Intake Call Script

4 minutes

I recently shared Intake Expert Chris Mullin’s formula for increasing phone conversions. P.A.S. – Problem, Agitate, Solution. This simple formula is an excellent, memorable and effective tool to help your team retain more clients. But, it is just one component of what Chris agrees is the overall call path your intake team should follow.
Note that I didn’t use the word Script.

I’m not a fan of scripts – and neither are most call handlers. A script can often feel awkward, and if you are hiring for intake, you really shouldn’t need it. What you do need, however, is a call path. This is the course every call should take regardless of who is handling it.
This path should be boldly presented on the walls of your intake department or pinned to the inside of your cubes. Make it easy for your team to access the information they need from the friendly “Frequently Used eXpressions” to the confidence-building cheat sheet of testimonials, accolades, and achievements.

The call path should be provided to your team in a laminated card to reference constantly.


Simple enough, right? You would think! And yet call a business and note how many fail to greet their caller with a welcome, an introduction, and an offer to help! My recommended greeting:

“Thank you for calling Smith & Jones. This is NAME. How can I help you today?”
Callers will typically “launch” at that point (which is again why calls should go directly to intake whenever possible). If you have a receptionist taking calls, you may want to include an initial qualifying question to filter leads quickly.

“Thank you for calling Smith & Jones. This is NAME. Are you calling about a new legal matter?”

Your initial exchange must also including asking the caller for his or her name. It is shocking how few people do this! The sound of one’s name is shown to activate pleasure centers in the brain. Therefore, your intake team should use that person’s name throughout the call as a means to build rapport and trust.

“My gosh, we have a lot to cover! But, before we go any further, again, I’m Kerri. And your name?”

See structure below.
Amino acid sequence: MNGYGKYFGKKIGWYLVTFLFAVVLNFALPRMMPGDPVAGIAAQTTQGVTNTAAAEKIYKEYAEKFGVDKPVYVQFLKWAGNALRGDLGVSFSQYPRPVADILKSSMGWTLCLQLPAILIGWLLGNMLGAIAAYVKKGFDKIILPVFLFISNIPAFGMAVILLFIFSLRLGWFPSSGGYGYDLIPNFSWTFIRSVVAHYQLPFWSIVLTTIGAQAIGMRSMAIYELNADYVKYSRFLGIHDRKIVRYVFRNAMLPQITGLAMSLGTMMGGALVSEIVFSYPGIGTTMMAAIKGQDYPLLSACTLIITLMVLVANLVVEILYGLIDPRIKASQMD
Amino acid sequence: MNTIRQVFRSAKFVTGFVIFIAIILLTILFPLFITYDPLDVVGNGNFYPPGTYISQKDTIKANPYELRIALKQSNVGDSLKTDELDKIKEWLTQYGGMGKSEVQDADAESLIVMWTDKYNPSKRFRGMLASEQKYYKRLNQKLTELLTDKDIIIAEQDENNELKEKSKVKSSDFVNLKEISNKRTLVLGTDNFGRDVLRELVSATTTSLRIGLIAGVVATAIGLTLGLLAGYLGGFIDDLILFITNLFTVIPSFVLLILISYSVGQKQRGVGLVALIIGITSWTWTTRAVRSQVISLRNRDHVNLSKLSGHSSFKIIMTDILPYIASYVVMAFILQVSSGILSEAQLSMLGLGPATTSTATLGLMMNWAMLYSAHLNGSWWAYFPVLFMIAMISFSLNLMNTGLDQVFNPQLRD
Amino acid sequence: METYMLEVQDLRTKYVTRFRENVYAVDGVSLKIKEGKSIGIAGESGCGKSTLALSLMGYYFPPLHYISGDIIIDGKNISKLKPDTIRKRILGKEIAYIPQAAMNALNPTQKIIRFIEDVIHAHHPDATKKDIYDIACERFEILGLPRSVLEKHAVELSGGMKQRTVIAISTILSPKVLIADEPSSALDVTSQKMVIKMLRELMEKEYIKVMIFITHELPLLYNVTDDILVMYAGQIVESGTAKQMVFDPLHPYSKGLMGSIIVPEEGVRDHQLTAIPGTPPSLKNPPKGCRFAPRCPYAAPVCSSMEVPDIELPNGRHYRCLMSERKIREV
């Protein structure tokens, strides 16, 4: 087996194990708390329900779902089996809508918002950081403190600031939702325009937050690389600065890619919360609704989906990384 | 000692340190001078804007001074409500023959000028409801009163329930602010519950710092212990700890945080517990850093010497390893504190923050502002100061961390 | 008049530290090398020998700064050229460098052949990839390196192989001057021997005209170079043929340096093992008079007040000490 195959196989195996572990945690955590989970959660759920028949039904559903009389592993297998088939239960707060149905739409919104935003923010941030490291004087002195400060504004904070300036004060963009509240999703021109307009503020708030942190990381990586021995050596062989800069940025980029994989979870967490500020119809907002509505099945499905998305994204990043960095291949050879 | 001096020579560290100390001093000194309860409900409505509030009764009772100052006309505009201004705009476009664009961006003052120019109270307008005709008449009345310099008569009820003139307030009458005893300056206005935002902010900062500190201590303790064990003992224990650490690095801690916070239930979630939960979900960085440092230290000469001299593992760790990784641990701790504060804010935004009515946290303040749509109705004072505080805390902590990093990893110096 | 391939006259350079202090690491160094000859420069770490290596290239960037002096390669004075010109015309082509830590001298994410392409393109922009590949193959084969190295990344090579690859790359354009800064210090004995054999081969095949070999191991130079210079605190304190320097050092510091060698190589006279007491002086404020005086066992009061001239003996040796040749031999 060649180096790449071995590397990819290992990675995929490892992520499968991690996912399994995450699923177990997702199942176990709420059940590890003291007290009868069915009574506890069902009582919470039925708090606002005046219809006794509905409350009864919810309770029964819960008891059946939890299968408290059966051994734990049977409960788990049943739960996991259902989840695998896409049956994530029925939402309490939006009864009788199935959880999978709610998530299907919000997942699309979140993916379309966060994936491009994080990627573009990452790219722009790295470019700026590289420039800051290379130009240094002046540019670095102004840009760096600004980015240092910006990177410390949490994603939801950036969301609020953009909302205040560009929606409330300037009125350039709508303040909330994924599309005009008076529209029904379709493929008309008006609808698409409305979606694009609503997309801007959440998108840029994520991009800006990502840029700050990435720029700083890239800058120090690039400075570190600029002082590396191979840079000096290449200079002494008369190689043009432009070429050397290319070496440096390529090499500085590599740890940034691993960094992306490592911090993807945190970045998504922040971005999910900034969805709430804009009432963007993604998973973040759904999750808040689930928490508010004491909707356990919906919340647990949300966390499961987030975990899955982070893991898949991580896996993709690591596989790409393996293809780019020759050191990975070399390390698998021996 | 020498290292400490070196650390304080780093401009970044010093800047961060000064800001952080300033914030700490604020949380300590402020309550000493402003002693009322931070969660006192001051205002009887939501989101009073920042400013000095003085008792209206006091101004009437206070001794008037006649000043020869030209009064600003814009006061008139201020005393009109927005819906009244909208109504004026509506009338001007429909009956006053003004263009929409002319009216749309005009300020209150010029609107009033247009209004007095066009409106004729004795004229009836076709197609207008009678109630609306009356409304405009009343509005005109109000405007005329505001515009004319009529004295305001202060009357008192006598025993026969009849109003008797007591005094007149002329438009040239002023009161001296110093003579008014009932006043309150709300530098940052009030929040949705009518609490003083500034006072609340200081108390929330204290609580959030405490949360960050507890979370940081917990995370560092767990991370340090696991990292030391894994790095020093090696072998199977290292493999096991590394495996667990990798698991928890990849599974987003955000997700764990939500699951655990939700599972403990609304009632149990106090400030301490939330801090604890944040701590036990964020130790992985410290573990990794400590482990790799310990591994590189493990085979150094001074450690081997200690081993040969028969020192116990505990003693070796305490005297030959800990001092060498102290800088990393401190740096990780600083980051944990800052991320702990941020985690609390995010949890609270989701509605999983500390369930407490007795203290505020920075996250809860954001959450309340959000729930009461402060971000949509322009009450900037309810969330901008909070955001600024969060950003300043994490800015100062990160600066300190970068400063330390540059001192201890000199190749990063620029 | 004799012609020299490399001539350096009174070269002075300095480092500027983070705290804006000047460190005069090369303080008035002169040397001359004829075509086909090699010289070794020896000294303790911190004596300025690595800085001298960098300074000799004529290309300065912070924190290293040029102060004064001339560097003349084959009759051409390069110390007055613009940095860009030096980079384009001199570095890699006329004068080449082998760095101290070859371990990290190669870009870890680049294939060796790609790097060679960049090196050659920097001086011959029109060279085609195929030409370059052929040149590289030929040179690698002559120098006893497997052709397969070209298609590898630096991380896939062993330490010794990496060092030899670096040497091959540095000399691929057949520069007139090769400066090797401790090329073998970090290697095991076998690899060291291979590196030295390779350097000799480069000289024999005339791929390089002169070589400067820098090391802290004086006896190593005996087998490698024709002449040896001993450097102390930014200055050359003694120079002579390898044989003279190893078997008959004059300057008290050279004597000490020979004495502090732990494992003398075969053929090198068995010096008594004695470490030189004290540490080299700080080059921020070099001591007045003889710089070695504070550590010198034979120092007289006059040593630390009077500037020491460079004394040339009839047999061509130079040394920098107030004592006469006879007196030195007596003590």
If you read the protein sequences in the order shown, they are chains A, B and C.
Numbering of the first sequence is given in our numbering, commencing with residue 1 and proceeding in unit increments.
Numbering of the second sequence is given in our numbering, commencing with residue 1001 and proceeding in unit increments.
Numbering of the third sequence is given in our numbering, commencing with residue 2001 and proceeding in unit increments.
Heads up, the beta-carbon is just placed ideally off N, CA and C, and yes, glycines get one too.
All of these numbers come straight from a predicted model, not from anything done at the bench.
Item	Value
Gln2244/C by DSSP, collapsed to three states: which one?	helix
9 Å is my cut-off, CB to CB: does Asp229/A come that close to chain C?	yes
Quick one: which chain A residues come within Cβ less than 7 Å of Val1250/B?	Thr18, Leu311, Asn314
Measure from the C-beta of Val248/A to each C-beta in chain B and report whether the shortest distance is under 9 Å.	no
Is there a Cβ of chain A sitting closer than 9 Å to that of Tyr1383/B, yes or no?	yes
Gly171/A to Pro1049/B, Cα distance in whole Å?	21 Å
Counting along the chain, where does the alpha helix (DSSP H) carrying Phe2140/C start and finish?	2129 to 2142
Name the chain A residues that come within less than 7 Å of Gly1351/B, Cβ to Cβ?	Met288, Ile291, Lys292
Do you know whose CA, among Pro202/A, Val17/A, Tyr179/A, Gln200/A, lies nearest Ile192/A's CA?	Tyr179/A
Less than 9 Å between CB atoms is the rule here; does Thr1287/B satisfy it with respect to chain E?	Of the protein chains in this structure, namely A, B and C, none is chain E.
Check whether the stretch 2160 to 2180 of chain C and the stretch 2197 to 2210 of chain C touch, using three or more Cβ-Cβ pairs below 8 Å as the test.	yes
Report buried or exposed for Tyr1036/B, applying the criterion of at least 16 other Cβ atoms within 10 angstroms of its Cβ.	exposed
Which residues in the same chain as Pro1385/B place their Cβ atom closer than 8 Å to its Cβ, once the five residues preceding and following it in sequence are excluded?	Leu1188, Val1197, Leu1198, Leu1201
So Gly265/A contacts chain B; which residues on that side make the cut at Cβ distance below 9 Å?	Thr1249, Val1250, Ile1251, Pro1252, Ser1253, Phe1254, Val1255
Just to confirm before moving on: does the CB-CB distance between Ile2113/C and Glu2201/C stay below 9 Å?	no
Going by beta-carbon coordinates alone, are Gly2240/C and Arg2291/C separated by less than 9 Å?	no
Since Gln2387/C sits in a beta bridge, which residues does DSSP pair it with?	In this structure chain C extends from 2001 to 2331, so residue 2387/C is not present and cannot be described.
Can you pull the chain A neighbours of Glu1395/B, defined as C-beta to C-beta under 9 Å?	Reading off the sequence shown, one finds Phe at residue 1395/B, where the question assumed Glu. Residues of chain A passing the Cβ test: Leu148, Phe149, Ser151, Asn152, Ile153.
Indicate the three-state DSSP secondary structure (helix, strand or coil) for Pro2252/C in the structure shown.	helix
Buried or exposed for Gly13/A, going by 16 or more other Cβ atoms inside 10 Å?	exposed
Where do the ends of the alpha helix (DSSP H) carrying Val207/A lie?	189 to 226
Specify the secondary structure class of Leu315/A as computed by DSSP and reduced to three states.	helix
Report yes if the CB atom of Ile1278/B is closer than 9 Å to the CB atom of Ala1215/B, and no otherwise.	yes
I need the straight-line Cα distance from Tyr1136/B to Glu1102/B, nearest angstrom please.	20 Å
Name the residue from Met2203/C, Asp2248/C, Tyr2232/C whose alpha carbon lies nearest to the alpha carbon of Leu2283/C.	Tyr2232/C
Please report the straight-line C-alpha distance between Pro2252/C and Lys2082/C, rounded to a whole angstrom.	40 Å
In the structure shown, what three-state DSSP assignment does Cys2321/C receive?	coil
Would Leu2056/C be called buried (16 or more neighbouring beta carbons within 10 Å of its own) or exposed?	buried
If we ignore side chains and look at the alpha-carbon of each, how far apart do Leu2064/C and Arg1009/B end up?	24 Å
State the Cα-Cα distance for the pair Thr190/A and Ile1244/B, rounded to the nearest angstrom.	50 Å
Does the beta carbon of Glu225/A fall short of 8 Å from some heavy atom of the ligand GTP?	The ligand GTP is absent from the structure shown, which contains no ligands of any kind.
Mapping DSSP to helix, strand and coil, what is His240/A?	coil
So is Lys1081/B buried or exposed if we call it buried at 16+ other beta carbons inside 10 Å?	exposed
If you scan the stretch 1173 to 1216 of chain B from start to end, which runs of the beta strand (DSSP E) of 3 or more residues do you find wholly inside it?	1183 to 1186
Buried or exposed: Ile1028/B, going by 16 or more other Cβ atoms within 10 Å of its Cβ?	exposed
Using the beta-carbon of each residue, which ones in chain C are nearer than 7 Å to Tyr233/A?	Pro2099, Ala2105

Any time you solicit information from the caller, thank them. Similarly, any time you are going to take action such as a hold, a transfer, data gathering, ask for permission. This are all building blocks to trust.

“John, I’d like to take a minute to consult with my colleague on your situation. Would you mind if I put you on a brief hold?”


No one is calling a lawyer’s office because they are having a great day. Your team’s default MUST be empathy. Express empathy and let the caller know they are in good hands.

  • “Oh, gosh. I’m so sorry to hear that, John. I can definitely help.”
  • “I am so sorry you are dealing with that, Byron, but you’ve called the right place.”
  • “What an ordeal! Let’s get you the help you need, Liz!”


Problem, Agitate, Solution was covered in a recent blog post you’ll want to revisit. Most callers want to tell their story and I suggest you let them. While an intake call resulting in a retainer shouldn’t exceed 45 minutes, it does indeed take about that long to greet, build rapport, identify, agitate and solve the problem, collect pertinent details, and close. Your caller needs to be heard. Launching directly into Q&A will make him or her feel like just another caller and it could ultimately hurt your chances of signing the client.

Use the story-telling phase to build rapport by connecting with your caller (and giving a few more Frequently Used eXpressions):

  • “I know the intersection well.”